Pay Your Way
A short walk through the cold morning air to a dingy basement storeroom reveals what the problem is. There, behind a wooden counter, is the bike you’ve been travelling with for three months. Through broken English and a Russian phrasebook you discover there is a ‘special fee’ you’ll have to pay to retrieve your bike from customs. You ask what the said ‘fee’ is and the guards shrug, talk quickly among themselves and determine it is US$50. They are struggling to conceal their smirks. From outside, you hear your train preparing to depart. You quickly pay, wheel your bike back to the train, and rattle on into Russia, pissed off: that ‘fee’ was your daily budget. At the same time, you’re happy to have your bike.
While this scenario is relatively black and white – pay the bribe or kiss your bike goodbye – many travellers find themselves in situations not so cut and dry. For travellers from western democracies, such as Australia, journeying overseas is often the first time they will be confronted by a demand to pay a bribe. But for many locals in developing countries in Asia, Africa, South America and elsewhere, bribery is part of life. For westerners travelling to those destinations, the decision whether to pay a bribe often presents an ethical dilemma.
Swati Ramanathan, founder of online Indian anti-corruption platform www.ipaidabribe.com, says there are a few key things foreign travellers should keep in mind when confronted with a bribery situation. “I think the first judgement call that one has to make as a tourist is, ‘How risky is it for me to stand up for my principles?’ Because it’s never about the $20, it’s about the principle of it.”
Ramanathan says tourists should consider the safety of the situation first. “And I think you should never compromise personal safety, because you have to live to tell the tale. I think the prudent thing to do is to get away from the situation safe and intact, but then make it public.”
ipaidabribe.com provides a platform for Indians to report on the nature, location and cost of corruption they experience. Ramanathan says creating a snapshot of bribes occurring across the country – listed by city and government department – thereby quantifying the scale of the problem, pressures governments to improve governance systems and reduce the scope for corruption. The organisation has established websites in other developing countries such as Kenya, Zimbabwe and Pakistan. Ramanathan encourages travellers to also use the sites to record any bribes paid.
The Bangalore-based social campaigner says foreigners can play a role in highlighting corruption in the countries they visit. Ramanathan says now, more than ever, ordinary people have the power to raise awareness of corruption. “If you have had an experience, then I think people need to know about it,” she says. “There’s no point in hiding it.” Ramanathan says while mainstream social media, including Facebook, Twitter and travel blogs, can play a role, www.ipaidabribe.com has the potential to actually influence authorities. “I think that is the value of our platform. You are sharing stories which are specifically to do with this kind of corruption,” she says. “Policy makers look at this, anti- corruption fighters look at this.”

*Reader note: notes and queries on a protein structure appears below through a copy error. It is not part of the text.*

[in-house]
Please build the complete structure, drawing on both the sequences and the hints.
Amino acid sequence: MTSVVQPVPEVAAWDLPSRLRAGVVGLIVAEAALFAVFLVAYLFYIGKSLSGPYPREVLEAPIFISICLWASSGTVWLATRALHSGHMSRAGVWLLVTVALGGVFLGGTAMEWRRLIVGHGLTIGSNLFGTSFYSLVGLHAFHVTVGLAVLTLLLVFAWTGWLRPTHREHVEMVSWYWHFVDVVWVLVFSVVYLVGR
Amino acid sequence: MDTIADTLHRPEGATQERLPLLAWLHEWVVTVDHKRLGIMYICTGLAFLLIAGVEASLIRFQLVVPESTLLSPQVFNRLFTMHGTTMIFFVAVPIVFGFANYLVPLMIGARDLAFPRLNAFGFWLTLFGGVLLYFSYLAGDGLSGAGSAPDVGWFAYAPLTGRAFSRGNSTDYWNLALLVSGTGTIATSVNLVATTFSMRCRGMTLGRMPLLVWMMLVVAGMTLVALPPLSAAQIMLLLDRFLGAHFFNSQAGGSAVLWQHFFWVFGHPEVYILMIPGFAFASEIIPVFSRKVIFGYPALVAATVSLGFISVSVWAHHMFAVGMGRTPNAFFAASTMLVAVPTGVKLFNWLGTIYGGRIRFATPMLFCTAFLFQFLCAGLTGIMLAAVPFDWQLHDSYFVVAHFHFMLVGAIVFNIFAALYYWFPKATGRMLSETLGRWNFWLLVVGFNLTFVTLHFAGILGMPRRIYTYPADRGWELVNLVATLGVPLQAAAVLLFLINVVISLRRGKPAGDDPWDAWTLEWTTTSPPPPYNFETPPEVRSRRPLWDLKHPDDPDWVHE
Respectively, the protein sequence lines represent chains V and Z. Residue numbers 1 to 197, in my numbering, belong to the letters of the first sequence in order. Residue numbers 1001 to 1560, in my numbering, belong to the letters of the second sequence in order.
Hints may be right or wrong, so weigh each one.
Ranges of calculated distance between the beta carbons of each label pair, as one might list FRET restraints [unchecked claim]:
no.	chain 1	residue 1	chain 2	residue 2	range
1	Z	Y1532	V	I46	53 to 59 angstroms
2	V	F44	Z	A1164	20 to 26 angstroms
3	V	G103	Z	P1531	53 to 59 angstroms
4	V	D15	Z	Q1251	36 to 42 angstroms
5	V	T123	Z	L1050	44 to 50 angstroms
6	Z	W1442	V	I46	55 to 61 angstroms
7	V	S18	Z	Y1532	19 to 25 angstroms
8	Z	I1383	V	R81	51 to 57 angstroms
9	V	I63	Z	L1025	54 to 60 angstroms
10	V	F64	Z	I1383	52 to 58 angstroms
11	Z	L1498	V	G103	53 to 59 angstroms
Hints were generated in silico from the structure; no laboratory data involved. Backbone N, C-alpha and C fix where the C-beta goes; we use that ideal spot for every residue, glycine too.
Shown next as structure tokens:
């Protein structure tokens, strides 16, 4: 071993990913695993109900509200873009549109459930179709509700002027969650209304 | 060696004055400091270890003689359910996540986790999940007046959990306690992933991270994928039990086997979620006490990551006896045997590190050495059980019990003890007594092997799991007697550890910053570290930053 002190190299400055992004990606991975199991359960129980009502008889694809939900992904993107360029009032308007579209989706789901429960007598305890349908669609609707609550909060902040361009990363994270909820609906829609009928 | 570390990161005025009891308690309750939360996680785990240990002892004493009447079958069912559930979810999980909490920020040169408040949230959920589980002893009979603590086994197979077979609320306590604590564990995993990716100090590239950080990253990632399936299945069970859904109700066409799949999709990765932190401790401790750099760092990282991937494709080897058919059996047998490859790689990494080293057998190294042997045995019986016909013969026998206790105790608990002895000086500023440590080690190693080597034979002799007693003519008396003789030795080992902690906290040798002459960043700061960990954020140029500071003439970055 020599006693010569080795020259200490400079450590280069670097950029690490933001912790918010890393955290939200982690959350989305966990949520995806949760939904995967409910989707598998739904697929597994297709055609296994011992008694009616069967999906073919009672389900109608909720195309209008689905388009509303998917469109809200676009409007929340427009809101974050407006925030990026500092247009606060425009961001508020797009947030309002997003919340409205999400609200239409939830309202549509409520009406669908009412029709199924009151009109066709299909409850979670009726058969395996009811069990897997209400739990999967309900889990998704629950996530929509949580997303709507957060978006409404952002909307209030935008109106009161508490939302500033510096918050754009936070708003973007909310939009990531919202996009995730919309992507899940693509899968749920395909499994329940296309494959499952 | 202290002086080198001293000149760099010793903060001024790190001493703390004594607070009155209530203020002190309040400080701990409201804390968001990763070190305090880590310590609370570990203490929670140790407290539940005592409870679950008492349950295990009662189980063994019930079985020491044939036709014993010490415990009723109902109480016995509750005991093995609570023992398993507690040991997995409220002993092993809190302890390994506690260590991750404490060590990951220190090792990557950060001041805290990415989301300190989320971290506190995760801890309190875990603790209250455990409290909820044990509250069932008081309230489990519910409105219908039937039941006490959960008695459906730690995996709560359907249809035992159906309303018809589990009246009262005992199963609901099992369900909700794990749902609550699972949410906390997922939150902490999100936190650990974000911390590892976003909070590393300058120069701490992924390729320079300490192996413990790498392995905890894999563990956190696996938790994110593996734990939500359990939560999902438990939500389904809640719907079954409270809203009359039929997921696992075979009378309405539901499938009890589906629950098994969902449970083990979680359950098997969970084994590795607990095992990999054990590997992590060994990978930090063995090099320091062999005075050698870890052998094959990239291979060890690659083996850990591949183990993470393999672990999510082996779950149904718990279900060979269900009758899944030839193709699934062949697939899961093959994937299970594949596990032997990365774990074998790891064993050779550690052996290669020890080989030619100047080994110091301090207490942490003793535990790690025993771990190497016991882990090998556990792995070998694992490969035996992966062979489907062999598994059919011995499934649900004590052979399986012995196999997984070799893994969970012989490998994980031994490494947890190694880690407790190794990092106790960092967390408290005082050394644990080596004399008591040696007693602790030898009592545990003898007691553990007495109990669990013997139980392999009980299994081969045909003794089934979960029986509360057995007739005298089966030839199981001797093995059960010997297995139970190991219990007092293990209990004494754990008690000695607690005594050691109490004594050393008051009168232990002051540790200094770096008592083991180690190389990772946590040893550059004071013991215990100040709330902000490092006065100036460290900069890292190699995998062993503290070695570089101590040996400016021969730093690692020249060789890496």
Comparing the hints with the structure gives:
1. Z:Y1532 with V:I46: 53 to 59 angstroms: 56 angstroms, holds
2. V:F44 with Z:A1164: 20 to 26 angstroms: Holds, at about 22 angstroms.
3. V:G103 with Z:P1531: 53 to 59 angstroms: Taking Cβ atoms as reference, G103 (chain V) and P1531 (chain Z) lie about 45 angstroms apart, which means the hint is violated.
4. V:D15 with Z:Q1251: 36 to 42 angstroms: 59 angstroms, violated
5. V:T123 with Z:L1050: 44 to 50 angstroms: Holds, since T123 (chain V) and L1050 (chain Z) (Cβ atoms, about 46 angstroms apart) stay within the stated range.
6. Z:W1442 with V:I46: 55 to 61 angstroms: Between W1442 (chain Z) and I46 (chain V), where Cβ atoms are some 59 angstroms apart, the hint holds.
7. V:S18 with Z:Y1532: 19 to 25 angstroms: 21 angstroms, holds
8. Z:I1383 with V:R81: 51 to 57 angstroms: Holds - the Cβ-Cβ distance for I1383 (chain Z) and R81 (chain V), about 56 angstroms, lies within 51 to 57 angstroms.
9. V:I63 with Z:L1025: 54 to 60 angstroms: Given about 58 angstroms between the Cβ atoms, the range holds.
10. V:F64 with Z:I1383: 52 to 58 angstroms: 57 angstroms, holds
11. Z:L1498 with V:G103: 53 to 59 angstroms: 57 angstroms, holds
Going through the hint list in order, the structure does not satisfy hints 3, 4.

Ramanathan says there are, however, times when tourists should think about making a point. She says in situations that are simply annoying, rather than dangerous, foreign travellers should consider standing up for their principles and letting corrupt officials know they are not happy with the situation. However, she cautions tourists to remember it is more often the system, rather than the individual, which is inherently corrupt.
Melbourne-based social entrepreneur Lisa Zheng says as visitors to foreign countries, travellers are often not aware of the complexities behind particular bribery situations. Having grown up in China, and as founder of Australian not-for-profit Hand Up Australia – which runs cultural exchanges for students to developing countries including Ghana, Kenya, Ecuador and Nicaragua – Zheng has firsthand experience of bribery in developing countries.
“For example, when I was travelling in Sri Lanka last year with my husband and parents-in-law, we were asked to pay a bribe by traffic police who stopped our vehicle and told our driver we were going over the speed limit,” Zheng says. “The penalty was either for our driver to go to the police station and pick up an official fine or to pay a ‘small fine’ to the cops there and then, and be on our way – the price was 500 rupees [AU$4]. The driver paid the police off and we continued on, with the understanding we would pay the driver later.” While the situation annoyed her, an explanation by her driver made Zheng realise how complex the situation is for many locals in developing countries.
“The thing with driving in Sri Lanka is the infrastructure has largely not been upgraded since the 25-year civil war ended in 2009, so following the road laws means you would not get anywhere. Breaking the law is a necessity to get efficiency, so the norm is to pay bribes. I was annoyed by this obscure norm that people with power have created to get money off civilians, but when I asked why do the policemen do this, I was told that they get paid very little so they use a broken system as an excuse to extract money.”
Having lived in China and travelled to many developing countries, Zheng admits she would probably pay a bribe if it ensured her safety and sanity. “Often it’s petty, driven by inequality in a political or social system, so I think it serves everyone to do what you have to do and move on,” she says.
But Zheng’s advice for tourists is to deal with each situation on its own merits. “The strongest emotion for me from these situations is that I am thankful I live in a country with a robust and equitable public system,” she says.
In the end it often boils down to a simple question: how much do you value your bike?